As the saying goes, there are three kinds of lies: lies, damned lies and statistics. The quote was attributed to Mark Twain and apparently spoken by Benjamin Disraeli (a 19th century Prime Minister). Though as you can see here, the phrase has quite a history. But, I digress. This week’s Wicked Wednesday prompt is about statistics. A topic I’m really interested in, because of what data can tell us, how they are manipulated and used to inform and fool.
Statistics as a branch of maths found me when I was 16. Maths was far from my favourite subject, and I wasn’t very good at it. So, I wasn’t that surprised to fail my O level and need to retake it in the 6th form. I was offered the chance to do my qualification in statistics instead of retaking maths. I thought this was worth doing as it might be easier to concentrate on one area. It was, but also it was fascinating and proved useful once I went into nursing. Healthcare produces a lot of data and statistics about that data is churned out at the rate of knots. Actually understanding what the mean is and how standard deviation is measured has been really useful. Both my degrees required me to examine quantitative and qualitative research so, I’ve never stopped using statistics since.
We are all a statistic or 500
The trouble with statistics is that it can tell you pretty much anything you want it to say. Data about us is collected from before we are born. As soon as someone is pregnant they enter a system of data collection. Birth, immunisations, development checks, attendance at play group and so it goes on. Back in the day, little was recorded about us save the statutory things. But the advent of computers, digitalisation and mobile phones means thousands of items of data are collected on us every year. Decisions are made by politicians, companies, providers of healthcare and schools etc. based on data collected about us.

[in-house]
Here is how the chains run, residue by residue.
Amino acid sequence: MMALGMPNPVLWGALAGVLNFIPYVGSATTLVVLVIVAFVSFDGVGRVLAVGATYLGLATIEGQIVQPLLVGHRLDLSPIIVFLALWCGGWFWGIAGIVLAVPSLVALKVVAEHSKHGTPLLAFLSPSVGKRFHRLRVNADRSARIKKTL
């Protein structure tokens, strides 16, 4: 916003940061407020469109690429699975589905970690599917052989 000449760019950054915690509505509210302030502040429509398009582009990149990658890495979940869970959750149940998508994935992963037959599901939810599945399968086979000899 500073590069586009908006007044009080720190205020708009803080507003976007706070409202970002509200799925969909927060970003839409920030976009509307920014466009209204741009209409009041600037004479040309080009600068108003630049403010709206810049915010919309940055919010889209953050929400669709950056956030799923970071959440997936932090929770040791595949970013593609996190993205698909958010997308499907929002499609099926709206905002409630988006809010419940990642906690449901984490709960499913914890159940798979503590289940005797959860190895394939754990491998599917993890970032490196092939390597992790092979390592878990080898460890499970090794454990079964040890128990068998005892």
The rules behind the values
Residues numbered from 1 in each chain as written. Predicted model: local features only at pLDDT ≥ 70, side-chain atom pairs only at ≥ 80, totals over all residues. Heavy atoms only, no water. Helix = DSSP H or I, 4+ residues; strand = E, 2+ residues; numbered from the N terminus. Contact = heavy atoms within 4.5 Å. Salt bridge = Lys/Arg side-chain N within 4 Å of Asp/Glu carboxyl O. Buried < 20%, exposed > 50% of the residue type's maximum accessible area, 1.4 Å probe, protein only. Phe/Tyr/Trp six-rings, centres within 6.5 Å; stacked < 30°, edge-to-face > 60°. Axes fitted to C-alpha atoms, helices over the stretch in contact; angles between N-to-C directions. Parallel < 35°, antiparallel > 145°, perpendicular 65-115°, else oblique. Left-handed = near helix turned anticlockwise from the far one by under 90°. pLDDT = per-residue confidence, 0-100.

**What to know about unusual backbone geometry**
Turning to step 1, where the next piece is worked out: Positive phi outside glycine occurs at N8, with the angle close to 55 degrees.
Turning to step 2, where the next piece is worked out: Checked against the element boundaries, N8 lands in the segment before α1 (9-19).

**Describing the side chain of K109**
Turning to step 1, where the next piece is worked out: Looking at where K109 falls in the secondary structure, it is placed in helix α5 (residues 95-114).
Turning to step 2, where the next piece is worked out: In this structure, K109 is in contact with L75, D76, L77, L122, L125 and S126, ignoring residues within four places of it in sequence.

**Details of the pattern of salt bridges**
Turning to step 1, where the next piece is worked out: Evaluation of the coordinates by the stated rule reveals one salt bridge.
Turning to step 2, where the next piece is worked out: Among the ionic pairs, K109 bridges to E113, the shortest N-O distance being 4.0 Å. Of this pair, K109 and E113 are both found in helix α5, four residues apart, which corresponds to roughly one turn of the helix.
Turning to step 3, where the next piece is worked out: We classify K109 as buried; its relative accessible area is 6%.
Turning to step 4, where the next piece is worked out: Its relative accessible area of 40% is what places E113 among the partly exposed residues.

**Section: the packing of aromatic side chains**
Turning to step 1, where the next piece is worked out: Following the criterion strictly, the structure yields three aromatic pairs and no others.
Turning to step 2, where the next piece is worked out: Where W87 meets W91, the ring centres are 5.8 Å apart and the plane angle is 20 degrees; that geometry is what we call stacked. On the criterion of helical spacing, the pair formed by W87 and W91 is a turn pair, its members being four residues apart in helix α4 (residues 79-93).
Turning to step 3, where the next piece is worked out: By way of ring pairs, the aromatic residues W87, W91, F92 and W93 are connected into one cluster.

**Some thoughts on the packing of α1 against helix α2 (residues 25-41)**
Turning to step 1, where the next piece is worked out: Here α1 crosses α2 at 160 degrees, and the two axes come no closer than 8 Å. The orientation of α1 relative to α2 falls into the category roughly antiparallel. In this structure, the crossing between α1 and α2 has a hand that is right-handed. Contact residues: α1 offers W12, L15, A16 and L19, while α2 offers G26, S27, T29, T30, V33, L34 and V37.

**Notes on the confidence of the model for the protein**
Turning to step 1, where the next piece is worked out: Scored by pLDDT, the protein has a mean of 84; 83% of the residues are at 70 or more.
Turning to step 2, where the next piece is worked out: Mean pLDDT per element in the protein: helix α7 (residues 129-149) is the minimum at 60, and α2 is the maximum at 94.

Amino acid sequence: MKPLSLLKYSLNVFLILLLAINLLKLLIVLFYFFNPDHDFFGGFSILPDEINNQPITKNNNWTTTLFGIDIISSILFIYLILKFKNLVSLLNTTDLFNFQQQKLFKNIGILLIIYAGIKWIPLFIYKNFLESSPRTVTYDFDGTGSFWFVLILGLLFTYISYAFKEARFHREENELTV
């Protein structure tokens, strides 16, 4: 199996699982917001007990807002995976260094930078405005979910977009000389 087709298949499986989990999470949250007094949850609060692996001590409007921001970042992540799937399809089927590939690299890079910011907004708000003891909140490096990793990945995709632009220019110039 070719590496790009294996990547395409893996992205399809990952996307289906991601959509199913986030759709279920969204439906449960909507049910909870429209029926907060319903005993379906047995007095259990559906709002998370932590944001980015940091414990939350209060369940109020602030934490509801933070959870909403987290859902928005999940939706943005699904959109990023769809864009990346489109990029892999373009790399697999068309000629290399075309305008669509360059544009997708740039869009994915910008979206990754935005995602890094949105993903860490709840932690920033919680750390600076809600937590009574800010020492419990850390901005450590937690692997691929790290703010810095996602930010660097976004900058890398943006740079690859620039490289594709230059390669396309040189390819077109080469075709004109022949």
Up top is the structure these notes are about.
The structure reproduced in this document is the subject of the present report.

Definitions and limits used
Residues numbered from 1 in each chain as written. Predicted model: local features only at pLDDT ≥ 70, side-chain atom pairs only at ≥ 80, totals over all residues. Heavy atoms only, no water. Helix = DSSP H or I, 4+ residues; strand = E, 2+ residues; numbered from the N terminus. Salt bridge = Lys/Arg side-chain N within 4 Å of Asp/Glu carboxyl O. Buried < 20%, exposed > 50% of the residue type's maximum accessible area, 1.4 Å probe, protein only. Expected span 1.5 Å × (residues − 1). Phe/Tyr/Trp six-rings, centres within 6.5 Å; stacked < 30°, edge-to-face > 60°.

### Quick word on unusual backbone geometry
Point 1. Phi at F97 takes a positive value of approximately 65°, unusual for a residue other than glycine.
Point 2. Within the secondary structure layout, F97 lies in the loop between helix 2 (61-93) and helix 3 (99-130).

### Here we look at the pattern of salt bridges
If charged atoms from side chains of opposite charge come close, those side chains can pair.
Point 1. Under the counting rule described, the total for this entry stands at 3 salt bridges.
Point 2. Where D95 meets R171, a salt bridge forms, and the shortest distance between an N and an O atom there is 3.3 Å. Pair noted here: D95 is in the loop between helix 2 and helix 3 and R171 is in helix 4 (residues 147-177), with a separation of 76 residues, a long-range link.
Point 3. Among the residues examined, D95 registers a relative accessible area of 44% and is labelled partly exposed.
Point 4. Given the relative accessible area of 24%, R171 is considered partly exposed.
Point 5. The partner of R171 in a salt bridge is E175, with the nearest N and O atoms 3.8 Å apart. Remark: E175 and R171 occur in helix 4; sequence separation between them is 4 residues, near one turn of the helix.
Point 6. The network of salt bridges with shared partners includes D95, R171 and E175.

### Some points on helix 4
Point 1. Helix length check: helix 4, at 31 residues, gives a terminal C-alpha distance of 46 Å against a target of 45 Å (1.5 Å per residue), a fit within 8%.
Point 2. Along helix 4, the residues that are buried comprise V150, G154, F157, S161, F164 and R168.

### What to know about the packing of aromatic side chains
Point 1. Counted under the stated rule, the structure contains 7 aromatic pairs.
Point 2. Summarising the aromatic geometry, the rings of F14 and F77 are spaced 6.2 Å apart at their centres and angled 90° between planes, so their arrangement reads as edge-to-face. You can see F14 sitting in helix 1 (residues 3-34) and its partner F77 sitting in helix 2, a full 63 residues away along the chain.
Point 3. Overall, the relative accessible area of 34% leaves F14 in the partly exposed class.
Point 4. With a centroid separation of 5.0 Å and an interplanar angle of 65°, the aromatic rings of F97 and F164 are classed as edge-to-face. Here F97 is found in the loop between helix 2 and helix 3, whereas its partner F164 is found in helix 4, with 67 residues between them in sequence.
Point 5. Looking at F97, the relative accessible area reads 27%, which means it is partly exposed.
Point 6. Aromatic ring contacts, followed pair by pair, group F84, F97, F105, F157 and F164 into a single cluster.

For example, NHS England publish have a page that signposts you to all the statistical reports they produce. The Office for National Statistics publish all of the National data for England and Wales on births, deaths, employment etc. Ofcom publish information about mobile phone usage and how it has changed. No doubt the information is gathered through information supplied by phone operators. This page also refers to some research carried out. Though it says nothing about the methodology, or even how many people took part. That of course is the problem.
Reporting of statistics
Headlines are the thing. We live an era where attention span is short. This article refers to a research study on this topic. The article itself is a few hundred words long and of course the author has pulled out the salient points; there is just too much information out there. We read something then move on quickly to the next thing. True for some, but not for others I’m sure. Trouble is, you can never be sure a journalist has read the whole research report or understood it.
When the ONS tell us how many deaths have occurred this week, we can trust that the person doing the reporting knows their subject. But as soon as that report is transcribed into an article or mentioned on TV someone has decided they need to explain it to you. Covid-19 has led to the publication of (probably) hundreds of thousands pieces of statistical information world wide. Charts that show infection rates and deaths are produced by multiple organisations. Depending on how they are displayed they look different.
Whole numbers are great but its difficult to compare a huge country with a small one. Or huge urban areas with a rural one of the same size. People with certain health conditions are more at risk as are men and people from BME communities. Or so we are told. For example it has been reported that people with type 1 diabetes are at greater risk than those with type 2. But age and sex were also factors, so it isn’t as straight forward as the article suggests. Trouble is, to understand what is really being said you have to go to the actual research and most people don’t have the time inclination or indeed attention span to do so.
Which leads us to the problem of having too much data and being interested by it. Whole hours and indeed days can be lost to statistics if you aren’t careful. Myth busting articles written by people payed to do so are useful, but that doesn’t mean I don’t go looking for more information. Master is the same, so much so he has been collating his own data on Covid throughout the pandemic. I guess we are both data and statistics nerds. Also we tend not to believe a lot of what is written about them. I’ll be glad when there are new TV shows, music or holiday destinations to read about instead. Then I’ll maybe give my tired brain a chance to recover!